Breaking Vicious Cycle of Poverty in Poorest Areas
Photo: Lin Lin Kyaw feels like he is strong enough to carry his own bag to school.
Lin Lin Kyaw is a 4-year-old living in Auk Kone Village, Laputta Township, Ayeyarwaddy Region of Myanmar. For breakfast every morning, Lin Lin Kyaw's mother makes him rice with an egg. For lunch, he has rice with vegetables and some biscuits. In Myanmar, although meals are regularly taken, they usually consist of large portions of rice mixed with fish paste. As a result of the lack of dietary diversity, up to 35% of children under the age of five are estimated to be suffering from stunting.
This means that nearly 1.6 million children under-five in Myanmar are stunted, a condition that could cause children not to reach their physical and cognitive potential.
"I like to eat bananas, papayas and eggs," said Lin Lin Kyaw. "My favourite food is papaya salad". But this kind of diversity is not always allowed for him. In fact, the highest rates of stunting are found in these poorest areas, mostly populated by ethnic minority groups, where up to 50% of children are affected by stunting.
For mothers living in some of these impoverished areas, being pregnant means they don't work from their fifth month of pregnancy until they've recovered from childbirth and are ready to resume manual labour again. This period of time sees a large reduction in family income and as a result, the family's expenditure on food reduces.
"I stopped working when I was five months pregnant," said Saw Shwe Then, 30, from Tan Hlwea Chaung Village in Rakhine State of Myanmar. "Before I stopped working, we used to spend about 60,000 kyats (US$60) on food. Now we spend 50,000 kyats (US$50) because I cannot work. Most of my neighbours help me when I don't have money to buy food", explained. "For dinner last night, I had a carrot. And for lunch I had rice and a banana".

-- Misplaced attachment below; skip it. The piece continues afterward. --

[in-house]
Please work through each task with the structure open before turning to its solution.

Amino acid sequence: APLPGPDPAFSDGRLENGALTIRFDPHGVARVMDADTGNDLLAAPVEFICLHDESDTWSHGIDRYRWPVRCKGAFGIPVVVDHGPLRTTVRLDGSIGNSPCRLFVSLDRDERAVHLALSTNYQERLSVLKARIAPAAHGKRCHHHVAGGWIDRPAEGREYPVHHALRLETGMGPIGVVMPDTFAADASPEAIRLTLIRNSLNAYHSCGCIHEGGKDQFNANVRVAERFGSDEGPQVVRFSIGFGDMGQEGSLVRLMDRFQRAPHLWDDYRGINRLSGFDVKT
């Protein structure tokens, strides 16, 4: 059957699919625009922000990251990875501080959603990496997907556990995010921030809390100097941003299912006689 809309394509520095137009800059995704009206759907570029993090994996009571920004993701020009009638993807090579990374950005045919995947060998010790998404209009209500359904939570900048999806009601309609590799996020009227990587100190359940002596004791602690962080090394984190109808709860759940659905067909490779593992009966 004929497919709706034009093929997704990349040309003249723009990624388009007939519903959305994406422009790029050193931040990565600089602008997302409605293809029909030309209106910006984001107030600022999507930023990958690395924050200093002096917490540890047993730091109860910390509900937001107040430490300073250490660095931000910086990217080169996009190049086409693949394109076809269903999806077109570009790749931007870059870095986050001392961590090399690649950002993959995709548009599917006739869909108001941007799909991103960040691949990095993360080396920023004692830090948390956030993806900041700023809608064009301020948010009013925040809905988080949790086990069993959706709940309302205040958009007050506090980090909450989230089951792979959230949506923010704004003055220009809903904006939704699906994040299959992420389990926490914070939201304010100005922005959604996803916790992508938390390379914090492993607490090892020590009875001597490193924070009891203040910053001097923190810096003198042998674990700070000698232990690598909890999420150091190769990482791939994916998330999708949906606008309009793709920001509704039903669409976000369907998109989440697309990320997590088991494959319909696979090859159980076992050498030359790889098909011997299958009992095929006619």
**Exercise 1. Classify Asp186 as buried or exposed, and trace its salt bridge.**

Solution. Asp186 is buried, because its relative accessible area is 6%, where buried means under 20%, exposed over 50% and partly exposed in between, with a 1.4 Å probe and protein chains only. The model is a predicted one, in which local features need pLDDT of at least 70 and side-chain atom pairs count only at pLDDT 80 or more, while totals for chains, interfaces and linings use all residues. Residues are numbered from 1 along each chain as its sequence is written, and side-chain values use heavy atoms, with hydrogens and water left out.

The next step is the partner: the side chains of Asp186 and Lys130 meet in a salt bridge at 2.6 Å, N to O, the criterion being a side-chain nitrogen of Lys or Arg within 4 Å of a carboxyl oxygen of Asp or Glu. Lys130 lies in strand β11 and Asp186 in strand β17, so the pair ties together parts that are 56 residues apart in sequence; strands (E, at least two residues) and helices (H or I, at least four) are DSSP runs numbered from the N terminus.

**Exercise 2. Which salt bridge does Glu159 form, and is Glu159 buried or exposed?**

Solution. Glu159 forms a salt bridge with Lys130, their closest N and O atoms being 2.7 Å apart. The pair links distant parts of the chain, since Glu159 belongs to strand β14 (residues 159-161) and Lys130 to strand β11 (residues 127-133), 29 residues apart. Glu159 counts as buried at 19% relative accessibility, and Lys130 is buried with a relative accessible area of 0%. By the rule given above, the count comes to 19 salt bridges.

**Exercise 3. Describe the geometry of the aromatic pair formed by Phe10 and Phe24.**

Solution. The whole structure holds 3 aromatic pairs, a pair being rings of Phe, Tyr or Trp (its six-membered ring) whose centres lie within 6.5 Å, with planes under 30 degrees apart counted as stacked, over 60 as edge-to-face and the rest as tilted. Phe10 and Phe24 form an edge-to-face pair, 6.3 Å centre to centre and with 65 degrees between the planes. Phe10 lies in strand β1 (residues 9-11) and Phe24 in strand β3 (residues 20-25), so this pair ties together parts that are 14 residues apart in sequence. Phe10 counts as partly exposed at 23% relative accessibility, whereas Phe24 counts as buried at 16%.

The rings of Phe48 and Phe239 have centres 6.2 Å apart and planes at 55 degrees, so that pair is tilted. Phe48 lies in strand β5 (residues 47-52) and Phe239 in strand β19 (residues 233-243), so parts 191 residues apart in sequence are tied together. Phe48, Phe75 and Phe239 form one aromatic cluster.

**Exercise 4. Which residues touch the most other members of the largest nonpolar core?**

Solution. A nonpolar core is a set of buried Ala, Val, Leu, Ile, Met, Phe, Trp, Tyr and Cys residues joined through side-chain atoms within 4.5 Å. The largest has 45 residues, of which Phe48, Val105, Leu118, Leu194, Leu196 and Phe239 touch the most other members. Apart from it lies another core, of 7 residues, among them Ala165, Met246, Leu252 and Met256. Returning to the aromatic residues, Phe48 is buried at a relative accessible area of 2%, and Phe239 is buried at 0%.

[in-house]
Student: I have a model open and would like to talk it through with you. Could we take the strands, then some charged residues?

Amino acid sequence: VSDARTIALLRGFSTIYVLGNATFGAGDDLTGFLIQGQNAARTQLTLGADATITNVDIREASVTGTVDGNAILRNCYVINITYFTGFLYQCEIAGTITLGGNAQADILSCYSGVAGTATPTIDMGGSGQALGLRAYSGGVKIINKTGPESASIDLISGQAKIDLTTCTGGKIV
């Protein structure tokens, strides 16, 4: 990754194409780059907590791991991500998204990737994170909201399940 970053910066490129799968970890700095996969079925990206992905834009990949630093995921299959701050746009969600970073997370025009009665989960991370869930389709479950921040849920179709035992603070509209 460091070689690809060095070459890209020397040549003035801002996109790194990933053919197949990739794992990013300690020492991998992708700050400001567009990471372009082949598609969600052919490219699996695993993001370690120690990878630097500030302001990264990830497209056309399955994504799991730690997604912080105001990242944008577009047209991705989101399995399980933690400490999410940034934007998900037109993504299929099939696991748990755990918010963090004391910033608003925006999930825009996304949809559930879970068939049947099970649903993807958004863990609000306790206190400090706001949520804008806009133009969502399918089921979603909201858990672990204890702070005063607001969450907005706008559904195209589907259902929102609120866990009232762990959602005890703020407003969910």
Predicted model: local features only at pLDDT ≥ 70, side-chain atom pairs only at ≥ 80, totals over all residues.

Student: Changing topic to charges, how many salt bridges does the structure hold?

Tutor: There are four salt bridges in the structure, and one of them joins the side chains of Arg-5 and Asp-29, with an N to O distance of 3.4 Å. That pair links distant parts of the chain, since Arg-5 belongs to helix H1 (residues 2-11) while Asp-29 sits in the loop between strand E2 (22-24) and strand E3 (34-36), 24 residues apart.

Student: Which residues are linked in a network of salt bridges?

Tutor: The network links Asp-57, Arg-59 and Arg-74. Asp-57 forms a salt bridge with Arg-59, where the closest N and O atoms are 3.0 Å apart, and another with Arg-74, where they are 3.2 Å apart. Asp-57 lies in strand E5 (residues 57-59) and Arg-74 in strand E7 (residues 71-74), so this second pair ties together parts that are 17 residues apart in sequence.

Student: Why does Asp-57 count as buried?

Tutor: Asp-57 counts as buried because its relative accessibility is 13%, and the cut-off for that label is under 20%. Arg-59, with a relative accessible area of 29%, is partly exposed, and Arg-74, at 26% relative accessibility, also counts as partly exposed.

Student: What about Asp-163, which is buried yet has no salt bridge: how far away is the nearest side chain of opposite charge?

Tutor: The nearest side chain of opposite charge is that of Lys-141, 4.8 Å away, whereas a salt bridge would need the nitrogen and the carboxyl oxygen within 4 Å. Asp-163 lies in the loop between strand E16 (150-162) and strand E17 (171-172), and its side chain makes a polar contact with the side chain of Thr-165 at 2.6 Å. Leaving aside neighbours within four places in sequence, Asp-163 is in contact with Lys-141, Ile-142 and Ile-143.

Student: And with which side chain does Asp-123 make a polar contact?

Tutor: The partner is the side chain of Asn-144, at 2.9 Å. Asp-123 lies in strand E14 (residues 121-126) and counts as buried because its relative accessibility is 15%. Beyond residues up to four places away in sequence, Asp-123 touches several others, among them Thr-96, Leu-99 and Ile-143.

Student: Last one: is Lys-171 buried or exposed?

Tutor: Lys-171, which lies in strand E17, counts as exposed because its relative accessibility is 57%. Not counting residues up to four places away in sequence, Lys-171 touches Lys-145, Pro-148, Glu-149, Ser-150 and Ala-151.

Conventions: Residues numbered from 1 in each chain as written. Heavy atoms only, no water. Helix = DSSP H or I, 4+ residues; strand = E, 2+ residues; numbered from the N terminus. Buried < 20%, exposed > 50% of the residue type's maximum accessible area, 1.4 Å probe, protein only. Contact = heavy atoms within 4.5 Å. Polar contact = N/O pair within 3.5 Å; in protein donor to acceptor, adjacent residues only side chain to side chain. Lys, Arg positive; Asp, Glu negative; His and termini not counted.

As a result of poor nutrition, many mothers like Saw Shwe Then will likely give birth to children who are of low birth weight. The inability to provide them with a diverse diet will likely also cause their children to be stunted, and the following consequences on the child's physical and mental development can create a vicious cycle of poverty.
Save the Children has a host of health, nutrition and livelihood programmes aimed at tackling the issue of stunting in Myanmar. Our health and nutrition staffs work closely with the Ministry of Health to improve the capacity and facilities of auxiliary midwives to better provide antenatal and postnatal care to mothers and to treat common childhood diseases among under-five children.
Auxiliary midwives and community health workers are trained to provide maternal as well as infant and young child feeding counselling to mothers and mothers-in-law. Save the Children is also piloting an innovative maternal and child cash transfer programme in Rakhine State, Ayeyarwaddy and Magway regions in Myanmar. The programme provides monthly cash allowances for women who are pregnant or lactating with soft conditionality of attending nutrition sessions, seeking antenatal care and vaccinating their children according to the government recommendations.
Save the Children is campaigning to reach every last child in Myanmar, especially those who are suffering from malnutrition and stunting. We are calling on government to promote an appropriate allocation of resources and prioritisation of key activities to improve food and nutrition security. By improving the coverage of social protection programs, we can make significant strides in child survival and learning.